Released January 1 and inexplicably available for free download immediately all over the net,the soundtrack of Bala’s long awaited film Naan Kadavul (whose title translates to the upanishadic “Aham Brahmasmi…. I am the transcendent god-ness”) has six songs from the semi retired Illayaraja ( in the vanaprastham stage of his creative life) .
Illayaraja’s life work which has been prolific and then sparse, is a whole musical universe, as are the work of most south Indian film composers (A R Rahman, M S Vishvanathan, G K Venkatesh, S M Subbiah Naidu, Ghantasala) .
After redefining orchestration into a simpler, less assaulting version of the cello and base heavy tradition of the dominant south indian music of the day, in the seventies (Ilayaraja used more violins, base flutes and the voice , and his music sounded less classical fret-ty, and more pop voic-y) , Illayaraja dominated the south indian music scene for more than twenty years with his prolific (he produced more than a hundred film scores a year with an average of six songs per film, very few sounding like one another) . He seemed to work from a classical tradition of indian(the pre venkatamakin reforms schools of carnatic scales) and western music (baroque classical and pop orchestration) that was amenable to easy listening and complex imagining , simultaneously. Many of ilayaraja’s best songs were the most complex hummable songs one has ever heard.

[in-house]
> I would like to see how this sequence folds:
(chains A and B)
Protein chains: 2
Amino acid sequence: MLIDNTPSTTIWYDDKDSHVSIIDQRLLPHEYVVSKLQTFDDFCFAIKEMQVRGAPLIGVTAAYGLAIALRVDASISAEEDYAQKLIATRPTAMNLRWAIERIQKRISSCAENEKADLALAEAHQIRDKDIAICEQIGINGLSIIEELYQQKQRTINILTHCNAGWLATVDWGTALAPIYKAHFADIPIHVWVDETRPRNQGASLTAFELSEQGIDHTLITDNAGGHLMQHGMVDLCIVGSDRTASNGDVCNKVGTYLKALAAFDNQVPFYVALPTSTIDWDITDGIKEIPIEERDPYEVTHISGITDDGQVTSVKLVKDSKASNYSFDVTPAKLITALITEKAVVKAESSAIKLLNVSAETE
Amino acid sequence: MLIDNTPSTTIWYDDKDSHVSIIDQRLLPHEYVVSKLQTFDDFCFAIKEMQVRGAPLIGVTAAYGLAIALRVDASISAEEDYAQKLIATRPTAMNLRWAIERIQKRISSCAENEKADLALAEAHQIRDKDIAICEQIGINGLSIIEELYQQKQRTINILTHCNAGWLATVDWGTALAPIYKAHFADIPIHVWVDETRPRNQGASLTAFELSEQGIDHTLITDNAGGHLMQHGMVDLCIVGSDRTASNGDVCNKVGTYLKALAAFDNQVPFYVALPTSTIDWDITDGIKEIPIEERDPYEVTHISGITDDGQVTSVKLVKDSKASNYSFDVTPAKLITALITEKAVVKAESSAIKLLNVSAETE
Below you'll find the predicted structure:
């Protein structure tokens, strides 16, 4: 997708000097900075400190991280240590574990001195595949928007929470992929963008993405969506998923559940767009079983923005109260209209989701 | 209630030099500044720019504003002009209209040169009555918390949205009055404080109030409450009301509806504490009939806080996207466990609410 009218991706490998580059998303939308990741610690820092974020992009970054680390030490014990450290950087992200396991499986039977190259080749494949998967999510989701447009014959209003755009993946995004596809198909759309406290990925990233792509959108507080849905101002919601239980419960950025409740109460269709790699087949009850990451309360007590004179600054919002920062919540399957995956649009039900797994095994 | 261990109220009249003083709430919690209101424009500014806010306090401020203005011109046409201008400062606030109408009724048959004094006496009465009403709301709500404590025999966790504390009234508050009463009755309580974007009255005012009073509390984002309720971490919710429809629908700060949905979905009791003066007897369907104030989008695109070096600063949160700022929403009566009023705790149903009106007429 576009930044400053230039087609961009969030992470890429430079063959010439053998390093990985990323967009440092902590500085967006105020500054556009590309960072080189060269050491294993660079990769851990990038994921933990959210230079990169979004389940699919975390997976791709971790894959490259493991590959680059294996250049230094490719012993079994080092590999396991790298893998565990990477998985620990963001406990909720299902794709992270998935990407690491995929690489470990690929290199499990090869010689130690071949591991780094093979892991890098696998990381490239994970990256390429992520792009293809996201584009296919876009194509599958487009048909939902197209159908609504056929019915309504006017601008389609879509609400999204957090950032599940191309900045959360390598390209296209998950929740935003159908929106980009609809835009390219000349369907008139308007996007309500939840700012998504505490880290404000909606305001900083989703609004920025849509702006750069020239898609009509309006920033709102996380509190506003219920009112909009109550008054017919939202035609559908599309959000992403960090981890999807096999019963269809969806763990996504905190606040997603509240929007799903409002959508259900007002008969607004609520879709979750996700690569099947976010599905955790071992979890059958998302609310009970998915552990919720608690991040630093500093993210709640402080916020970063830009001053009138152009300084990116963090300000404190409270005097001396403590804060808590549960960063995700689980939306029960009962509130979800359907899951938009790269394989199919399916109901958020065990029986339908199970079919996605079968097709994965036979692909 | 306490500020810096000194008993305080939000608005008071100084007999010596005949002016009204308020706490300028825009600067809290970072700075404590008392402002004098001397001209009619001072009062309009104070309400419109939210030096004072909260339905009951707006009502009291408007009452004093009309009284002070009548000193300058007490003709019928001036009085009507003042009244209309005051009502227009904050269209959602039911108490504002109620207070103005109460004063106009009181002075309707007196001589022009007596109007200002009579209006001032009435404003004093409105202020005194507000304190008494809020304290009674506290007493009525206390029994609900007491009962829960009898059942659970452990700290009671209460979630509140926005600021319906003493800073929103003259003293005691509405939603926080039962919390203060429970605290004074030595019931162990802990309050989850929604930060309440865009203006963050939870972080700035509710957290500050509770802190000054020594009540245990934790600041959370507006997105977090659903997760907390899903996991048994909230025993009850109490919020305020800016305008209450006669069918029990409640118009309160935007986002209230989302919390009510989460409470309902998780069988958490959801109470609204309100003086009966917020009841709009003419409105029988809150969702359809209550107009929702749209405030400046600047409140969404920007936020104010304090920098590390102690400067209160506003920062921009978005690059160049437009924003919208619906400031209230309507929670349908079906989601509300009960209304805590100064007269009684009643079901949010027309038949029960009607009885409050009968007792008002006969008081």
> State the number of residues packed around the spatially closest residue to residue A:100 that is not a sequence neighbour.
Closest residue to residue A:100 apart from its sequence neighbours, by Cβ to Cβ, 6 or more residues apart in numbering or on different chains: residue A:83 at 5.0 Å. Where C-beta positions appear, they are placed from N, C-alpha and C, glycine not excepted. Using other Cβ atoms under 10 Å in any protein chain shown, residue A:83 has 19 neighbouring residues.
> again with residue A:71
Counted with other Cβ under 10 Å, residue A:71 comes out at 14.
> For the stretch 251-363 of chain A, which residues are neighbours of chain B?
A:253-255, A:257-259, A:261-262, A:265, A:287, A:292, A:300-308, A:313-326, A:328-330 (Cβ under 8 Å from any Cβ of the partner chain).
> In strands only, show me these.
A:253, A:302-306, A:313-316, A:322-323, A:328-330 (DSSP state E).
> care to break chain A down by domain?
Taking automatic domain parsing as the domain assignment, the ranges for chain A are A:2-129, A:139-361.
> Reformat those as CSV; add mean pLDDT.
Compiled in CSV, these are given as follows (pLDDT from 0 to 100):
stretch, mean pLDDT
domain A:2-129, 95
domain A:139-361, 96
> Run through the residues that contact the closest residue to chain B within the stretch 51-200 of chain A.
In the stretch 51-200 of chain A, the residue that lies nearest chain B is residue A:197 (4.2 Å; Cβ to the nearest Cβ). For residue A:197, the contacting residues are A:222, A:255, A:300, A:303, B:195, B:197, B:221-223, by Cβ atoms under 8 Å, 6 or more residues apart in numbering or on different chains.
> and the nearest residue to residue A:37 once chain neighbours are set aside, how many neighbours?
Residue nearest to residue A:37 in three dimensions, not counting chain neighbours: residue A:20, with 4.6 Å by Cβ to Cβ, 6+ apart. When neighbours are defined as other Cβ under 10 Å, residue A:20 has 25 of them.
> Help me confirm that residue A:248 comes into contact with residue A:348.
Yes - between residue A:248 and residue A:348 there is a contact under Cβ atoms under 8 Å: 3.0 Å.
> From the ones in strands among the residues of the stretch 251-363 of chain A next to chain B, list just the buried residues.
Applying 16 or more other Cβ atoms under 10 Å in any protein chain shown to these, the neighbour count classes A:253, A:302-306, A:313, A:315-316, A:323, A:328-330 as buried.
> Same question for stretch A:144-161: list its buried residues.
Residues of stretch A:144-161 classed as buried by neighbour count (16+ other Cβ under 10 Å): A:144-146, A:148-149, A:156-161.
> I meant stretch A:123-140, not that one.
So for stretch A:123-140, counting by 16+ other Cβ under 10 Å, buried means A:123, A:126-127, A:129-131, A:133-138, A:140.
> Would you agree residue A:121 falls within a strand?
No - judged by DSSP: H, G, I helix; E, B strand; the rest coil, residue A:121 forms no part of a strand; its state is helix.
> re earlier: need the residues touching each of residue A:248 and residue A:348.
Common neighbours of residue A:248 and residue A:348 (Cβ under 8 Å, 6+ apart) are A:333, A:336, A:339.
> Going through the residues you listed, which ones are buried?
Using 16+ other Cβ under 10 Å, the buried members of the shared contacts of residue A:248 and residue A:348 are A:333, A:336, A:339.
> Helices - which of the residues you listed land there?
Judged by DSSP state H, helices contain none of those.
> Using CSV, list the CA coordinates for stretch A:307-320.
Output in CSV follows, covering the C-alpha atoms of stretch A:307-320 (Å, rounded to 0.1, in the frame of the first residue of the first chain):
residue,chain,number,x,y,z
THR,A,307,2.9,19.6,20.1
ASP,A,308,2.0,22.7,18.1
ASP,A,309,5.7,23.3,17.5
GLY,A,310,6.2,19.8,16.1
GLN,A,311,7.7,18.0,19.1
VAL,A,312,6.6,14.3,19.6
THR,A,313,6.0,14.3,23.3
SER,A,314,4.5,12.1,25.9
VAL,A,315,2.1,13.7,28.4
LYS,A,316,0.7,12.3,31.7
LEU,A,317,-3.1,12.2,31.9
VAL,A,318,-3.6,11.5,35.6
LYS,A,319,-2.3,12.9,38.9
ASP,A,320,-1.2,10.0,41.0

As he grew older Ilayaraja’s children took to composing and singing. Yuvan, Kartik and (daughter) Bavatharini are all personalities in their own right and ilayaraja has produced few and far between classics (such as the Bharati soundtrack, the Moghamul soundtrack and Bala’s Pitamaghan soundtrack) full of complete melodies that remind one of the experimenter with tradition and original creator that Ilayaraja has been in the last thirty years.